Tuesday 28 September 2010

How to plait onions

Today's 'How to' comes from me, aka Brigitte from purlsofcolour, who wants to show you how to plait onions.



Well, plaiting is crafty and onions are foody, and cooking is also a craft, so...

Most of you have probably seen strands of beautifully plaited onions (or garlic) hanging from kitchen windows or market stalls in France. My neighbour told me she remembers when French onion sellers used to come on the ferry over to England, cycled to the towns and cities with strings of onions around their necks, and sold onions on the plait.

Now you can have a bit of the French lifestyle in your own home!

I recently was at a fabulous place called Laurieston Hall, a co-operative in Scotland which grows most of their own vegetables in an amazing garden.* And there, we learnt that a good way to store onions is to hang them up, so that air can circulate around them. That's where the plaiting comes in.

This is one method I learnt - there is another one, but I had so much fun with this one, I never got round to learn the other way to plait onions...

Grab 12 onions that are cleaned from dirt, with the stalks still attached. Take three onions and place them beside each other with the middle one slightly lying lower than the side ones. Tie a string around the stalks of all three and align the string with the stalk of the middle one - this will stabilise the plait, especially when the stalks are very dry and a bit brittle.

Now start the plaiting of the stalks and the string, as if in French plaiting. Add another onion above the middle one and plait the stalk, then add one to one side, then an onion to the other side, then another one in the middle...plaiting and weaving the stalks in continuously.

A dozen onions is a good size for a plait, but use less if you feel the plait is too heavy and could break - fix the string around the end of the plait and make a loop so that you can hang them up.


Onion plaiting is really fun to do and strangely satisfying - it's a hands-on, very 'earthy' job, and you know your belly will profit from it. That surely can't be a bad thing...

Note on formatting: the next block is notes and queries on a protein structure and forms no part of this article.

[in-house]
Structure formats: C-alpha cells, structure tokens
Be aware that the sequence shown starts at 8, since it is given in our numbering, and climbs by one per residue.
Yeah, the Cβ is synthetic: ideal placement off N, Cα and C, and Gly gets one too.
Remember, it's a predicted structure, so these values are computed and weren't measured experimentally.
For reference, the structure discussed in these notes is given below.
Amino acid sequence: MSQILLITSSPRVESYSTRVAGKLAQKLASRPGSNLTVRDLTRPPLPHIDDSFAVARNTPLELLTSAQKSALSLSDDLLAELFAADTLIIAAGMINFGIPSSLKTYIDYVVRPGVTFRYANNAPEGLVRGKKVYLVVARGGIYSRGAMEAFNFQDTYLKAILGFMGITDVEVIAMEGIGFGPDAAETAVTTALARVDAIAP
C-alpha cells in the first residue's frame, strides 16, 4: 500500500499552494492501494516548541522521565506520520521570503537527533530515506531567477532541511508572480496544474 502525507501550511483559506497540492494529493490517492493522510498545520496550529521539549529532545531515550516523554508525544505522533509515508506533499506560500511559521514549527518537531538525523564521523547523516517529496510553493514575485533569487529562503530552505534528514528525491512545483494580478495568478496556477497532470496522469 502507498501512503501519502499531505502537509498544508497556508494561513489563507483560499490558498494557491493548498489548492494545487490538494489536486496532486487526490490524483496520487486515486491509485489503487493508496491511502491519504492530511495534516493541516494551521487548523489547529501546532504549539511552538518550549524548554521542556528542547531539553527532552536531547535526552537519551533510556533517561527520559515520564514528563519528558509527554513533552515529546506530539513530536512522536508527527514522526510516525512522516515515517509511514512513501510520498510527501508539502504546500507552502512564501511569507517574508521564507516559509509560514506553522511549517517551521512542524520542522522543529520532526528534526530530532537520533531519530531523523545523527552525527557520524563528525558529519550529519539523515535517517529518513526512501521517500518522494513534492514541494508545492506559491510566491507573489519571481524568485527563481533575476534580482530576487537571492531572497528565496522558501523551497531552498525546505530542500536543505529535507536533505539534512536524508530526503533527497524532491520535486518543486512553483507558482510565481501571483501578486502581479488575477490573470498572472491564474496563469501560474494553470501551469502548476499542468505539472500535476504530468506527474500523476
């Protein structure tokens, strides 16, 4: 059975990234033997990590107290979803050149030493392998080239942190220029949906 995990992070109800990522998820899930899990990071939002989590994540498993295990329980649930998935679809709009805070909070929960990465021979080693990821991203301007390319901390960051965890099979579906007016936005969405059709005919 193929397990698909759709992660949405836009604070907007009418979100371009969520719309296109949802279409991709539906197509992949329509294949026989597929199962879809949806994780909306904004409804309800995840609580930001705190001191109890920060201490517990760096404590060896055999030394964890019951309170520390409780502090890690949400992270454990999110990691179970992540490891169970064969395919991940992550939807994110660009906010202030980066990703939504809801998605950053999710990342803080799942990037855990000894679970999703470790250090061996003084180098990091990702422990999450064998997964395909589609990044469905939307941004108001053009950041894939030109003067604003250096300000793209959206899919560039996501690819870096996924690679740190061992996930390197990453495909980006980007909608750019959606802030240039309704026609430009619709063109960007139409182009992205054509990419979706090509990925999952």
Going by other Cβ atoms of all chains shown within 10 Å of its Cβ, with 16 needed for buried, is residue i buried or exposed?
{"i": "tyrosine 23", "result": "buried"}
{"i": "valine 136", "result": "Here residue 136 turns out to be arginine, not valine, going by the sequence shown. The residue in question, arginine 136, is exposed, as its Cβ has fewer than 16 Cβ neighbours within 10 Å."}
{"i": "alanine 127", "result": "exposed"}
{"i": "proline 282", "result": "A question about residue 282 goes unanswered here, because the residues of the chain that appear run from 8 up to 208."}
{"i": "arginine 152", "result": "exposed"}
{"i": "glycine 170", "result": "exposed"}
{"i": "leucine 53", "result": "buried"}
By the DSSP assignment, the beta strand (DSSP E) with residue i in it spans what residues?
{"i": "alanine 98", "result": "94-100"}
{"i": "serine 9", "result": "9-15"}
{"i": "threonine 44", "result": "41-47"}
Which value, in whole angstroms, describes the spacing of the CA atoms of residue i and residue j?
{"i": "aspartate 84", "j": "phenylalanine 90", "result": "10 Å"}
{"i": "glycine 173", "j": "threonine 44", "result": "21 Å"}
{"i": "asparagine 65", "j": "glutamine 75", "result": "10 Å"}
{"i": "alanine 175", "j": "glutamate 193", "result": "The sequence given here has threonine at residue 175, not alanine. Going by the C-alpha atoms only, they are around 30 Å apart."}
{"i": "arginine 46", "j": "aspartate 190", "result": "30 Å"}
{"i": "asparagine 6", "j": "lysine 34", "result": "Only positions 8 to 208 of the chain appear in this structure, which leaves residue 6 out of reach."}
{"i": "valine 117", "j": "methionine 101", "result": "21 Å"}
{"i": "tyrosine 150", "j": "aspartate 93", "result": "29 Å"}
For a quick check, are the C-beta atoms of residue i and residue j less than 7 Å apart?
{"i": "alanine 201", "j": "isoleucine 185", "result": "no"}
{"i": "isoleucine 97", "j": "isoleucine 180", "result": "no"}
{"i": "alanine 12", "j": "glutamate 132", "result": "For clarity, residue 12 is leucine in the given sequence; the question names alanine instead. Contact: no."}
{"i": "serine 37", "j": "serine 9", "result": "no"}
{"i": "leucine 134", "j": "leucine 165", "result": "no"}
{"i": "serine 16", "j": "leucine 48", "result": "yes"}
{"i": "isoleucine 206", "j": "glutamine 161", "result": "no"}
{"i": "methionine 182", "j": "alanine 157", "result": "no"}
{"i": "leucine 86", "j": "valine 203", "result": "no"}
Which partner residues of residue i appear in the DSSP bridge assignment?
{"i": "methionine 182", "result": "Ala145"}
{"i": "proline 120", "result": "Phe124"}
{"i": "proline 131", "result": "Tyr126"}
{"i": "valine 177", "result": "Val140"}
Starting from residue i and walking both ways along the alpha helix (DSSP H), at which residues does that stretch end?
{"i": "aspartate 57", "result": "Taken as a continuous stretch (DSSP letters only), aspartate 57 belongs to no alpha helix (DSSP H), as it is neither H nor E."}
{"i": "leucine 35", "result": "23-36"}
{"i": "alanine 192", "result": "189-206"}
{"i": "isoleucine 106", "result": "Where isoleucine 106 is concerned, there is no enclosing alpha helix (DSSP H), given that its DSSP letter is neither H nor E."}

There is something really beautiful about lots and lots of plaited onions!

(My stomach aches for onion Quiche or the German Zwiebelkuchen - so yummy!)

When I returned to Belfast, I was looking out for onions with the stalks still attached so that I could plait them, but alas, looks like I have to grow my own for to do that!

*Laurieston Hall will host a craft week from 11-18 June 2011, which will particularly focus on folk arts and crafts that are low tech and use natural or recycled materials. I really want to participate, and I'll let you know when I get more information.


  1. What a cute idea! Looks like a fun project to do with friends for a party!

    Rambles with Reese

  2. It's very refreshing to read something different like this on the blog.

    Reminds me of my childhood. My parents filled the garden with fruit, veg and flowers but also rented an allotment (or 'plot')on the outskirts of Dublin. We spent a fair few Saturdays helping to plant and dig up onions and a host of other veg. My mum would plait the onions like this.

  3. Great article Brigitte
    Maybe you could start a trend with pompoms as substitute onions and make then into something exciting for Christmas.... dont mind me, my head is all over the place this morning.....

  4. Mo, I do like your way of thinking...maybe an alternative advent calendar...


    Anne-Marie, most of my neighbours had allotments when I grew up. So we spent many happy days in peoples' "gardens" as we called them, eating fruit and climbing trees. Allotments are starting to get popular in Belfast again, but these aren't ones with fences and little huts like those in Germany, but just plots.

  5. yes Purls, my Dad used to call it 'The Plot' which sounds mighty ominous. It was up Tallaght direction somewhere around where the Square shopping centre is now. My sisters and I spent most of the time picking blackberries and rosehips that grew wild on the perimeter, supposedly for pies, jams or syrup, but we ate half of what we picked as we went.

    Thanks for evoking these memories...oh-oh, I sound really old now.....

  6. Hehehe, not too old, after all, allotments are going strong again. In some big cities in Germany, allotments cover quite a big area, and look a bit like a ghetto (as a friend pointed out to me) - lots of little fenced-in veggie plots complete with quaint wooden shacks, flag poles, benches or chairs, and barbecue sets.